While weird smells are never a good thing, do not panic if there is an odd burning odour coming from your RV heater when you are first turning it on. This is especially so if you have not been turning on the heating in your RV for a long time. Your newly purchased RV heater might even give off a small amount of smoke, but this is expected and should not immediately send you into thinking that your RV heater is no longer working.
A quick tip here will be to run the RV heater when you first get it new from the stores to get rid of that initial burning smell and smoke. Your RV heater might also start to give off a musky smell if you first turn it on after not using it for a long time, so let it run first before getting on with your RV adventures. While an initial burning smell is nothing to worry about, if the smell does not go away after a while, it will probably be a good idea to do some checks. Make sure that there is nothing obstructing the heater exhaust outside of your RV.
Find out what the problem is and start tackling it
RV heater repair is not always too complicated for the average RV user to tackle, and you will stand a shot at bringing it back to work without calling a professional down. Start by looking for the problem before deciding which approach to take in repairing it.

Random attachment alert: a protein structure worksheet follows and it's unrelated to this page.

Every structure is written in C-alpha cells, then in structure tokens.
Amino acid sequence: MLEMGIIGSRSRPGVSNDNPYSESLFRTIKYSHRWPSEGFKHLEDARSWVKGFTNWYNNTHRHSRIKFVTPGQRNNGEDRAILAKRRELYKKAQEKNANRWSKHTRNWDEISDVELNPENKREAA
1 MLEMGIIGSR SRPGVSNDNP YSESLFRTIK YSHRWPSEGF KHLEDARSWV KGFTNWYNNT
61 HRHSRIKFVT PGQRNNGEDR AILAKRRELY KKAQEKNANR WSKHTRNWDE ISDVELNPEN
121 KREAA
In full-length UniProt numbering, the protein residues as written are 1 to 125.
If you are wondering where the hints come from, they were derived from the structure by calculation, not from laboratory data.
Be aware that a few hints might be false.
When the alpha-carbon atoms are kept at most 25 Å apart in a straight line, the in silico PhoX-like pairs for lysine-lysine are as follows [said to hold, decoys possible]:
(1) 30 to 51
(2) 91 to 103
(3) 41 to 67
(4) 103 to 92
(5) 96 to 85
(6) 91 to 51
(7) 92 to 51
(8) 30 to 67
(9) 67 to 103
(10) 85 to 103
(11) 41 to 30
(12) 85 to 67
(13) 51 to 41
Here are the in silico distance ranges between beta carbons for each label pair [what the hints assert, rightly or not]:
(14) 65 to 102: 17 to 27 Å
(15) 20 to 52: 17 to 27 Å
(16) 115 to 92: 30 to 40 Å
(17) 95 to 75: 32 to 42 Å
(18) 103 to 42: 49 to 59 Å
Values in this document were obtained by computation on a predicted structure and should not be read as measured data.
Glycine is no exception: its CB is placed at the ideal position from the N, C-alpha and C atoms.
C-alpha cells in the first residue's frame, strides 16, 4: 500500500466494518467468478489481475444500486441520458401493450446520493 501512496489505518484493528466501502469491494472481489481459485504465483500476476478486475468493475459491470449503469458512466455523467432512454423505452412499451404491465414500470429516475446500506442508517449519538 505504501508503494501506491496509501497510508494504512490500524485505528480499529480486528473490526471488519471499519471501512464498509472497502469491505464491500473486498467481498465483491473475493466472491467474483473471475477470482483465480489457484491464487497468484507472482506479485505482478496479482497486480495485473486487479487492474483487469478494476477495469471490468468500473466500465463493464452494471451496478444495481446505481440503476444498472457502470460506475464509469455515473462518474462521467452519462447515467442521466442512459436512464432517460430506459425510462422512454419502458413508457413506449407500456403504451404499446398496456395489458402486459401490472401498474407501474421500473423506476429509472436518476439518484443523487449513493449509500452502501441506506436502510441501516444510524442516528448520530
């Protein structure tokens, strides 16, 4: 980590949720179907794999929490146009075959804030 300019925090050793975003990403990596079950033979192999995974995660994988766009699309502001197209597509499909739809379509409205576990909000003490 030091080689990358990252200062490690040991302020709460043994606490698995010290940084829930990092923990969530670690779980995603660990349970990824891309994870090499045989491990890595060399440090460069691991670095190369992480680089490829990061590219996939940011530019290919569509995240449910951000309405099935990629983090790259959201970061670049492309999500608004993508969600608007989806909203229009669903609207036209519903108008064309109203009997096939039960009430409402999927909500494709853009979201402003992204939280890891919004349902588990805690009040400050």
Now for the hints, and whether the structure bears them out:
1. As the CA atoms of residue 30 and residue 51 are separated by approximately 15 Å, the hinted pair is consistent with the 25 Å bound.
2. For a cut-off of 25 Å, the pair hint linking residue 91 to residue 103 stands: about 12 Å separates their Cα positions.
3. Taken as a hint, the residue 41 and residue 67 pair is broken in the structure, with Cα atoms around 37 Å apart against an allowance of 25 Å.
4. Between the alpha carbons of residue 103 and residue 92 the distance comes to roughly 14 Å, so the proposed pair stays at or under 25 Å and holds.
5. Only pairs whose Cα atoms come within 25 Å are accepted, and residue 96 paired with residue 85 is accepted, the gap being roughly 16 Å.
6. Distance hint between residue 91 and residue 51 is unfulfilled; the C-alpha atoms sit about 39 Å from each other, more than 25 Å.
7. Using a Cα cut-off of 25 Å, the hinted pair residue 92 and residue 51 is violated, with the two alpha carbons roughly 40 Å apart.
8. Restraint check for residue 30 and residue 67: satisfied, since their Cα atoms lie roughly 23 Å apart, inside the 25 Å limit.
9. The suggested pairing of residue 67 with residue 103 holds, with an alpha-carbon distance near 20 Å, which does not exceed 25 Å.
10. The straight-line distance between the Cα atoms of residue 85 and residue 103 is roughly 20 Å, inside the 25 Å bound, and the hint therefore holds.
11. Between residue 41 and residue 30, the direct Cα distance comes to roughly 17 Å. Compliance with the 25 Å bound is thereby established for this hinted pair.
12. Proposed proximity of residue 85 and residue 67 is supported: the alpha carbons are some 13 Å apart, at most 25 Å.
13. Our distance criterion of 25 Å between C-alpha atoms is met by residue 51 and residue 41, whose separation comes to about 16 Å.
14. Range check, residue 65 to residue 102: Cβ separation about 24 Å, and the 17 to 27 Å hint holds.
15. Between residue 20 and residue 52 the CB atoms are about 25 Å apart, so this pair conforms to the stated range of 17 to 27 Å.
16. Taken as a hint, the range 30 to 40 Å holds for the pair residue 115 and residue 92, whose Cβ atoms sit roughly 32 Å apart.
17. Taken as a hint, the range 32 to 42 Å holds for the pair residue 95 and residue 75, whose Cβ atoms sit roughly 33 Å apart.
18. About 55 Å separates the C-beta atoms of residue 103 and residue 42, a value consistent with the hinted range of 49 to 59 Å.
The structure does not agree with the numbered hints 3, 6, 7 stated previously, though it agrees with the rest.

- If the pilot light is out
If you find the pilot light of your RV heater not lighting up, it might be due to a few problems. First, check the propane tank to make sure that it is tuned on, and that there is still propane in that tank. After making sure that all that is in place, but the light is still out, check the propane regulator. Head to the kitchen in your RV and turn on the stove burner. Watch out for the colour of the flame produced.
The flame should be blue, or with a bit of yellow in it. If the colour of the flame produced is consistent, it is an indicator that the propane regulator is not faulty. If the colour of the flame constantly changes, there might be something wrong with your propane regulator, and it will need to be replaced. This is not something you will want to ignore, as it can also affect your hot water heater, making bath time a lot less pleasant!
Besides that, also take a quick check on your thermocouple. If the thermocouple is misaligned, it can stop the pilot light from staying lit. Ensure that the thermocouple is positioned properly in the pilot flame, and adjust it if it is not. If it is broken, it is time to get another one at the stores to replace it.